Coming from anyone else, the line: “I thought about signing Luis Suarez before Liverpool did,” might seem like convenient revisionism, but when it is Sevilla’s director of football Monchi saying it, the gut reaction is to believe.
Ramon Rodriguez Verdejo, better known as Monchi, has built more teams than your average analytics-embracing club owner has sacked coaches. He is Mr Moneyball taking on the wealthy by spending a lot less money, a lot more wisely. In many ways he is also the “Anti-Moneyball”. “We work a lot with some very good databases but often the key lies in what cannot be measured,” he told Panenka magazine this year. “When you have all the objective data at your disposal you have to add your own subjective impression of the player and ask not ‘How good is he?’ but ‘Will he be good for Sevilla?’”
On Wednesday night, Monchi will be in Manchester as Sevilla, who spent €20m (£14.7m) on new signings this summer, face Manchester City, who spent £153m in the same transfer window.
He spoke about his Suarez near miss in an interview with Catalan paper La Vanguardia last summer while in the midst of another pre-season of rebuilding. “I spoke with Suarez when he was still playing wide in Ajax’s front three,” he said. ‘We had a meeting but his signing depended on us selling Luis Fabiano and in the end he went to Liverpool for a lot of money.”
Liverpool ended up selling Suarez for a lot of money too – most of which they subsequently spent badly. Tottenham did much the same with the profit from the sale of Gareth Bale. Little wonder that both clubs have been linked with Monchi, who says it is the sentimental attachment that keeps him at Sevilla.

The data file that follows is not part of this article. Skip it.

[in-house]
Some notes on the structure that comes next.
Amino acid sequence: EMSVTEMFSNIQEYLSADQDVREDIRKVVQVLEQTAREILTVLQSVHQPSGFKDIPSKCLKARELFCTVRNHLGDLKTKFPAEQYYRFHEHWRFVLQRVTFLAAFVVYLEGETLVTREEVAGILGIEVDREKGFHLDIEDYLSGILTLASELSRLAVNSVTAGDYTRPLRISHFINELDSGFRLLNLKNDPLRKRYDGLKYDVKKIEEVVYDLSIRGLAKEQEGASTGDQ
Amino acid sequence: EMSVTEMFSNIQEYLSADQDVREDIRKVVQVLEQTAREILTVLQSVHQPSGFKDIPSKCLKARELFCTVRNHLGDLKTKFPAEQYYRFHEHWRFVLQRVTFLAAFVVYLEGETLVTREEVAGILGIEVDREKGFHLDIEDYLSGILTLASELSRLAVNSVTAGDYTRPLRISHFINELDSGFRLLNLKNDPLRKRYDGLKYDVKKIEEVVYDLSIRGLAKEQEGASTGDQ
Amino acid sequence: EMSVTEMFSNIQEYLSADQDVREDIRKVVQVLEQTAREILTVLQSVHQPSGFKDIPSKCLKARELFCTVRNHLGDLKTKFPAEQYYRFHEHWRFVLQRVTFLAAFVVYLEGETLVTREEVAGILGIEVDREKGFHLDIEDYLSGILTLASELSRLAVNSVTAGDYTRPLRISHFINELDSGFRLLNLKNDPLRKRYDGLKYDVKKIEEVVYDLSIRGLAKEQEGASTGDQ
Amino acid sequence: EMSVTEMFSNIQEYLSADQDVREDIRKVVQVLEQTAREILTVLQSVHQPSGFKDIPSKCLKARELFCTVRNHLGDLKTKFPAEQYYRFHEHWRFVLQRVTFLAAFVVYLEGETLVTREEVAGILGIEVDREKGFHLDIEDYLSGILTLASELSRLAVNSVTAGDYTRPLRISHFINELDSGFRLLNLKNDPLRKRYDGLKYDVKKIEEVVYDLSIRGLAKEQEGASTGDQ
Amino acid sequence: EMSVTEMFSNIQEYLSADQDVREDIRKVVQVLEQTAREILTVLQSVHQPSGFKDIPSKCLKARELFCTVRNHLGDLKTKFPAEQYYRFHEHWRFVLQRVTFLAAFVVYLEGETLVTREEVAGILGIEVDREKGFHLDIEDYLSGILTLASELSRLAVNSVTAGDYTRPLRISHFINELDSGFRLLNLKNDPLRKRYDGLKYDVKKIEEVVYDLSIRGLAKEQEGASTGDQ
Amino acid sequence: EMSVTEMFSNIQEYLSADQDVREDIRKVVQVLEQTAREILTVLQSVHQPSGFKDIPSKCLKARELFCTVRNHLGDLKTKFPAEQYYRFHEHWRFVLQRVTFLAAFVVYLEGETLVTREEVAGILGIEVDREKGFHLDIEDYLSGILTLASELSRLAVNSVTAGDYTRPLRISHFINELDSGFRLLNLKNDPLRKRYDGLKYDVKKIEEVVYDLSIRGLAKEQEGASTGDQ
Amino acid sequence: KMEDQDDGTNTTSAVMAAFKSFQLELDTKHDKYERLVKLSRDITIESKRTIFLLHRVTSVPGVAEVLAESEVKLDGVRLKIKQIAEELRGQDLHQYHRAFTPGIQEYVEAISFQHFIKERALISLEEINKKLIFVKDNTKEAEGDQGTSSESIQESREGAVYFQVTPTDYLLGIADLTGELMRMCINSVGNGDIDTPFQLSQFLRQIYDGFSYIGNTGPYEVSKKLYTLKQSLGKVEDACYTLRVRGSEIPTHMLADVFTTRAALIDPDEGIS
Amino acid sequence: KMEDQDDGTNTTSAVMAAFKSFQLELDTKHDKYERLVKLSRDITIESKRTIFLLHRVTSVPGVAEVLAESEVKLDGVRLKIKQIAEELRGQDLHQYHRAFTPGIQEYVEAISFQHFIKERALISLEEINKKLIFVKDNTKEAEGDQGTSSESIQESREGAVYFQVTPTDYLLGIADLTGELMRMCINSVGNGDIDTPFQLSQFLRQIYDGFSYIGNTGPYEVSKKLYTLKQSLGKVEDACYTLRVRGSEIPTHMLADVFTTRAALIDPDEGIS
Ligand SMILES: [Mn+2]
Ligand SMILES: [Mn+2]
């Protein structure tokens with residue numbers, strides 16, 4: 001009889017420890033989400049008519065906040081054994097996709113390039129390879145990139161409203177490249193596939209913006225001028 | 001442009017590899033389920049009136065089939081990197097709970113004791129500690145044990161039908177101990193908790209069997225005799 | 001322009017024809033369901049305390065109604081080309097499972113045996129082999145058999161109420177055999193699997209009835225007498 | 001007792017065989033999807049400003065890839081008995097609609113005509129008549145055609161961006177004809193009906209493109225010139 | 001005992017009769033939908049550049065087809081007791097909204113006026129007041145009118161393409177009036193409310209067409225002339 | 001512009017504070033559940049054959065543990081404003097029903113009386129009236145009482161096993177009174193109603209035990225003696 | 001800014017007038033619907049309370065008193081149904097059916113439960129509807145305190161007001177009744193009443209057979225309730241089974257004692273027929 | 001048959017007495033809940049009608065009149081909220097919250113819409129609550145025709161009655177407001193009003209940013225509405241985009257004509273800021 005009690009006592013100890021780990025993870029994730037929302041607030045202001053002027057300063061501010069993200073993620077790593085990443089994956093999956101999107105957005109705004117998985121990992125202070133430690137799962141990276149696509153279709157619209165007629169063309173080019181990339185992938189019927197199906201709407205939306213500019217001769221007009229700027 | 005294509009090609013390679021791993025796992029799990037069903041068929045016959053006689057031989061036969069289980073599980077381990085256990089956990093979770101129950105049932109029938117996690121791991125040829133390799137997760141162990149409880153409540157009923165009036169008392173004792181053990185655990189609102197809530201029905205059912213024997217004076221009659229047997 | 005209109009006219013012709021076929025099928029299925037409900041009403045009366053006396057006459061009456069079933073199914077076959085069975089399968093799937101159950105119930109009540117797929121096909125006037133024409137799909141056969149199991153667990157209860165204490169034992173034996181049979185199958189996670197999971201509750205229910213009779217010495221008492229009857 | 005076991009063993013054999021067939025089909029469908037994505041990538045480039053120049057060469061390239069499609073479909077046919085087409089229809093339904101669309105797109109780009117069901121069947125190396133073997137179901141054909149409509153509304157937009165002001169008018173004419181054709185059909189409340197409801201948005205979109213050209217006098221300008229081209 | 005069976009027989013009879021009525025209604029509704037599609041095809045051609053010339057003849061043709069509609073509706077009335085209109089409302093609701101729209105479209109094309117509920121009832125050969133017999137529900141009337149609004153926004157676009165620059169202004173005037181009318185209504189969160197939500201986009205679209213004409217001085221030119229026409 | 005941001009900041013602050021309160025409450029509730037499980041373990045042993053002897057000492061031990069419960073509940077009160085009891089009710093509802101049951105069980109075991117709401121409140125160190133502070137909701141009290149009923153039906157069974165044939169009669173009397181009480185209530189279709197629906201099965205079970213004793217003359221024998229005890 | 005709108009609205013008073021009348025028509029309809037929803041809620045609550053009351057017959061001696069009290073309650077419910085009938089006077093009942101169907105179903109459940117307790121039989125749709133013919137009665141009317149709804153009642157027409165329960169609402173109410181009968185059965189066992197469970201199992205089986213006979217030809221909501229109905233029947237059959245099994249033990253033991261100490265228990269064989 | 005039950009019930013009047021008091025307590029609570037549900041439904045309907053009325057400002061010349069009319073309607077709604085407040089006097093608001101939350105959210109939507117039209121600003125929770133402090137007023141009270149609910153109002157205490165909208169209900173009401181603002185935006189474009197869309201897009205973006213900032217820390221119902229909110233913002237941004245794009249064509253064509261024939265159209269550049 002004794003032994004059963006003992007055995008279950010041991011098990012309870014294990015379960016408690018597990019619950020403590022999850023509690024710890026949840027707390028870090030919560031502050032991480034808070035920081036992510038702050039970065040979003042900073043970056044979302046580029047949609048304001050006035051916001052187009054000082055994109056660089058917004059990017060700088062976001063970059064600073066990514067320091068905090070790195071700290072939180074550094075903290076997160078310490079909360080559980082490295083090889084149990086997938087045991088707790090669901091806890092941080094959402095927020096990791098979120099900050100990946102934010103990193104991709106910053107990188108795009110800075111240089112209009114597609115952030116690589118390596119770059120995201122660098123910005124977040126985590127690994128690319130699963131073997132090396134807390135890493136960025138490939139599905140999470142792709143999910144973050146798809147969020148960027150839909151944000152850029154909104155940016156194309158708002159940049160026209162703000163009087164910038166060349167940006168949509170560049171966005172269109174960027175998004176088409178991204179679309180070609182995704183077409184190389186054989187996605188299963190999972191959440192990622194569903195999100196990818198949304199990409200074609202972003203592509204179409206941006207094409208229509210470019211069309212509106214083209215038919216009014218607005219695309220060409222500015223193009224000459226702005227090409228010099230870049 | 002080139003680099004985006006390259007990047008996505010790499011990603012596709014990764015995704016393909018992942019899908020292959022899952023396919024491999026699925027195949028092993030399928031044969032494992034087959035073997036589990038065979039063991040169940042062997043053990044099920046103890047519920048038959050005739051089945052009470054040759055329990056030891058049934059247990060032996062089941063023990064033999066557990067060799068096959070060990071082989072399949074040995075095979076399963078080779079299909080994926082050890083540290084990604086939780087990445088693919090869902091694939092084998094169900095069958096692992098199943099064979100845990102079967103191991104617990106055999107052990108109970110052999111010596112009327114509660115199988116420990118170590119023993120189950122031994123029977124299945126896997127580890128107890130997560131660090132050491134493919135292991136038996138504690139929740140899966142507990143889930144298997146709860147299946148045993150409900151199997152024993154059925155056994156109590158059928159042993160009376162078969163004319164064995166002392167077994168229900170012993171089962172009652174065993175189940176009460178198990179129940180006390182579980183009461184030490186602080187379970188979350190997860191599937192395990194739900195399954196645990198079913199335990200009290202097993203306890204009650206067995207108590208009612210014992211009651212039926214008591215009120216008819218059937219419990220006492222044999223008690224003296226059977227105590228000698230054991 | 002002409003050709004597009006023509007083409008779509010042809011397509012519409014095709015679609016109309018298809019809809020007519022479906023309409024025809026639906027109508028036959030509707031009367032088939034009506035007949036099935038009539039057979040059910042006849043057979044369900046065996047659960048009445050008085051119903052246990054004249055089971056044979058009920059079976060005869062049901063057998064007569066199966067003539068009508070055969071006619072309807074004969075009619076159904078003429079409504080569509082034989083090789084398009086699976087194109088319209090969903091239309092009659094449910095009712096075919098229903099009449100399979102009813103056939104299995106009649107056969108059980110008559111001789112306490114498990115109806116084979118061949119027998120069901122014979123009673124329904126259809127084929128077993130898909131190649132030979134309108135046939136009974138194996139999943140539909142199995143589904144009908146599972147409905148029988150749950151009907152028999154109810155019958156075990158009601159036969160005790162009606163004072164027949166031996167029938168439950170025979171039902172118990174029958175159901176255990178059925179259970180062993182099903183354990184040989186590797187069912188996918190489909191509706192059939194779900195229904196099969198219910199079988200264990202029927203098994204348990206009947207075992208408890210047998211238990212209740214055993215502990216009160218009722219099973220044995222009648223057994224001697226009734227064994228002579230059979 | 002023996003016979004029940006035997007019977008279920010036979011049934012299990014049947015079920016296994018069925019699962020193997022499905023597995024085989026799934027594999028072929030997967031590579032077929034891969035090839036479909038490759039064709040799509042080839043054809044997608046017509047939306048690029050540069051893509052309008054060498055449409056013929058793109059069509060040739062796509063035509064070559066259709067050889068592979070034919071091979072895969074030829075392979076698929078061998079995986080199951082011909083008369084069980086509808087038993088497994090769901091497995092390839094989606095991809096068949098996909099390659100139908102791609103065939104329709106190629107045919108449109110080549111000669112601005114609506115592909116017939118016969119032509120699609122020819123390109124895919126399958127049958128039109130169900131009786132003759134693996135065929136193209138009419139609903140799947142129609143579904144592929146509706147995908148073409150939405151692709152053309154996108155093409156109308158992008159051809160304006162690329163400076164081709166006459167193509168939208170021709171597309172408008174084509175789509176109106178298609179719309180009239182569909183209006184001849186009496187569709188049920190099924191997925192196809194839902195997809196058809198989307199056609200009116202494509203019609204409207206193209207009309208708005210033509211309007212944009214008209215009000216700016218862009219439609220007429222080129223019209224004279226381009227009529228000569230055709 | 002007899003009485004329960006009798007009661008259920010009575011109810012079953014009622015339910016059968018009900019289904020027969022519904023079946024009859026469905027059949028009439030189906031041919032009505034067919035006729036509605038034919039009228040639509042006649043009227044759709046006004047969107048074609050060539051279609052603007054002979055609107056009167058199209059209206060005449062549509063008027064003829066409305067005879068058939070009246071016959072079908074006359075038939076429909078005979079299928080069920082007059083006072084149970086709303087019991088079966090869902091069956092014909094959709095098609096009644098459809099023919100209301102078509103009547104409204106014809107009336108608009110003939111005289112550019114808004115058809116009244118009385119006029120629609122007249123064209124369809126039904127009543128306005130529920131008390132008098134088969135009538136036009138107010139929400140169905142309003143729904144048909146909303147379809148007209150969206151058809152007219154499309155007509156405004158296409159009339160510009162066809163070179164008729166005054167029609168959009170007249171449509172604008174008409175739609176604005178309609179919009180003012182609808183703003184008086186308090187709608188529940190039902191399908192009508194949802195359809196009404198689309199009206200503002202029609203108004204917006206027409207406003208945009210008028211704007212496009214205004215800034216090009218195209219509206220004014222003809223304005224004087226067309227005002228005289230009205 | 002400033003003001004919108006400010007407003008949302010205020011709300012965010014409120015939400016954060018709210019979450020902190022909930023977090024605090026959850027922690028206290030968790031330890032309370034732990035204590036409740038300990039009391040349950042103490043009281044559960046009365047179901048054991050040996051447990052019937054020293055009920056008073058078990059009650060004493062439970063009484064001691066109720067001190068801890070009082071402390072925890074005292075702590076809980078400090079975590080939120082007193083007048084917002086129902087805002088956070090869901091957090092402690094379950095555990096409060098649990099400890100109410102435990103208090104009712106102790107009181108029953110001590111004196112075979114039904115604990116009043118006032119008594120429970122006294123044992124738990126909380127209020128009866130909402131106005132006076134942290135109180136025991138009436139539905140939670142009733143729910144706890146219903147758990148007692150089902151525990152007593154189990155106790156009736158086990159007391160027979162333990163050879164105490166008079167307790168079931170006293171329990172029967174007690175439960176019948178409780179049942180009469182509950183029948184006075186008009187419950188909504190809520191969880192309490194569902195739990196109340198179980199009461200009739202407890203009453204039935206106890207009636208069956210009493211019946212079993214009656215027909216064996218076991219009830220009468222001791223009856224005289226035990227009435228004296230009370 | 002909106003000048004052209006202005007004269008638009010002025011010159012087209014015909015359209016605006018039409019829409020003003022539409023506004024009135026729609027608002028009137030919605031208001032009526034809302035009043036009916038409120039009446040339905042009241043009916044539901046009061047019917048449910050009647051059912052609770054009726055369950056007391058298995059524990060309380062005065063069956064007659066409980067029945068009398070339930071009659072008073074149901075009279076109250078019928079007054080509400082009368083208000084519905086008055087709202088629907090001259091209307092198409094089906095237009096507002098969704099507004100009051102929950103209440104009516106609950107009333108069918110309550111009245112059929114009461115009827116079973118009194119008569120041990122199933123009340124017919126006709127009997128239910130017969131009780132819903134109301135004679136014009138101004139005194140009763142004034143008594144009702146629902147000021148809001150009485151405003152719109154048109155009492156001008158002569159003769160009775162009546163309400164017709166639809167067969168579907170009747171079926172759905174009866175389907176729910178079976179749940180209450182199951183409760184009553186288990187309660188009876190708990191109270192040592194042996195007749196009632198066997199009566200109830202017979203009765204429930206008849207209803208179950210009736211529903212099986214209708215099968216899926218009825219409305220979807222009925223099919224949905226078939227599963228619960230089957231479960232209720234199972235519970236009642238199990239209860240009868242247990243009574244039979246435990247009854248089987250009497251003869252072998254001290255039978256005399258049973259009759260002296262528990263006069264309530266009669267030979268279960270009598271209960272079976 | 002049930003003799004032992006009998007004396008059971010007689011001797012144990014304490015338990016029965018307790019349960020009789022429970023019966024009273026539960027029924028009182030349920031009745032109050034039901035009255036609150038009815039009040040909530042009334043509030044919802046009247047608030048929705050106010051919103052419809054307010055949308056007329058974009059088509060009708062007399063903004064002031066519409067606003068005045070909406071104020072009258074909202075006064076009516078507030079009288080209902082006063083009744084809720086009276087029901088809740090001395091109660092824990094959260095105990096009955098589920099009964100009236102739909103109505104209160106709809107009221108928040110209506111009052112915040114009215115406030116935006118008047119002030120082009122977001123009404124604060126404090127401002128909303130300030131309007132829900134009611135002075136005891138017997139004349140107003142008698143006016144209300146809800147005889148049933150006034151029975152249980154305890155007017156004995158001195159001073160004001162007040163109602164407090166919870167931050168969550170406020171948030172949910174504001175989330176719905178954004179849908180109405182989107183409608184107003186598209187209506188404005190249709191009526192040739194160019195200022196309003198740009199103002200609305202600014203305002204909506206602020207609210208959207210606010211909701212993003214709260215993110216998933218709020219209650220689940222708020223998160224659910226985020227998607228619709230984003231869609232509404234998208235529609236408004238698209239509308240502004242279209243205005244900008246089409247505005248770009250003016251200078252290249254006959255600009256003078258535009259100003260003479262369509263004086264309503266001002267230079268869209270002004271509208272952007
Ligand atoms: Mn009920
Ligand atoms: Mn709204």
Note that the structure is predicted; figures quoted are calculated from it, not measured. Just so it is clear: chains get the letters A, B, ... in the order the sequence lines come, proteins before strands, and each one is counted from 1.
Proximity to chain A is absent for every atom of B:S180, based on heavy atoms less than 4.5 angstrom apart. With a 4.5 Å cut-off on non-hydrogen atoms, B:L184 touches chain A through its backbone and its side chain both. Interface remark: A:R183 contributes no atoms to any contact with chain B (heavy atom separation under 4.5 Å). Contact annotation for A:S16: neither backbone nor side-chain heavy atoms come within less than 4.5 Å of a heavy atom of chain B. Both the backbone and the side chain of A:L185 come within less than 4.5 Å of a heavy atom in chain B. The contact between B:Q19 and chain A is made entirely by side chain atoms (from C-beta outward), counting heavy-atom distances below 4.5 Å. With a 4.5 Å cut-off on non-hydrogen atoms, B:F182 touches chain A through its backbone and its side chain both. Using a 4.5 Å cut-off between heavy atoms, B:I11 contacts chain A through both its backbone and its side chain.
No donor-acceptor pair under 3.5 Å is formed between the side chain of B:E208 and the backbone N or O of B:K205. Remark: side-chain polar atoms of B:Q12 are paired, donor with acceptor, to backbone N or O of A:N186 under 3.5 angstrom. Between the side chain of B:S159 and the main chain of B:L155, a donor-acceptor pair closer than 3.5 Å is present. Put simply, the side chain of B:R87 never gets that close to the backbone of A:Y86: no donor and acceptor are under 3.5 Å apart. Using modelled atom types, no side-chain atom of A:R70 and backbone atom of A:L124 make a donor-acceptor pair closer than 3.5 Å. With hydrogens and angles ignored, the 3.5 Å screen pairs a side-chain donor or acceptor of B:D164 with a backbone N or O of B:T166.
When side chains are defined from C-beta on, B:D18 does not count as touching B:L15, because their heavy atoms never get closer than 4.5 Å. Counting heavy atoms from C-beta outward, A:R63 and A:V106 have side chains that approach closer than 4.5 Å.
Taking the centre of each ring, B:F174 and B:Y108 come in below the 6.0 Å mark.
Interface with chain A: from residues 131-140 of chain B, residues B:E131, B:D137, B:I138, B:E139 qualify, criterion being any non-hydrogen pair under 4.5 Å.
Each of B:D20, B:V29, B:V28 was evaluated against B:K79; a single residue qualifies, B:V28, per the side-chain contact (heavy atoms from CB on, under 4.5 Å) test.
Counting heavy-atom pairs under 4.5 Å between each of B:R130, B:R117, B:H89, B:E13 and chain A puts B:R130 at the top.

He made his debut for the club as goalkeeper in 1990 but played only 85 games before retiring in 1999. He coincided with Diego Maradona, who played for Sevilla in 1992. “He was at 30 per cent of his capacity but still better than the rest of us,” Monchi recalls.
The two remain good friends and he still has the Cartier watch Maradona bought for him when, sitting next to him in the dressing room, he spotted how noticeably fake Monchi’s Rolex was.
When his modest playing career was over Monchi took charge of the club’s youth system in 2000. It has produced Jose Antonio Reyes, Sergio Ramos, Alberto Moreno and Jesus Navas, but it is his eye for a signing that sets him apart.
Freddie Kanouté looked washed up at Spurs in 2005 but Monchi saw through the decline. He joined Sevilla aged 28 and won six cups, scoring in all but one of the finals.
Ivan Rakitic had impressed in Germany and Monchi spotted not just a top player but someone whose personality would fit the club and the city. He was not wrong. Rakitic met a local waitress, Raquel, on his first night in Seville and they are now married.
He was not wrong about him as a player either. Bought for €2.5m, Rakitic moved to Barcelona for €18m last year after captaining Sevilla to Europa League success. They remain close friends, and Monchi is godfather to Ivan and Raquel’s daughter.
Monchi has also been hugely successful in spotting South American talent. Julio Baptista, Fazio and Adriano all arrived untried in Europe and were sold on for a sizeable profit. Dani Alves remains his greatest acquisition.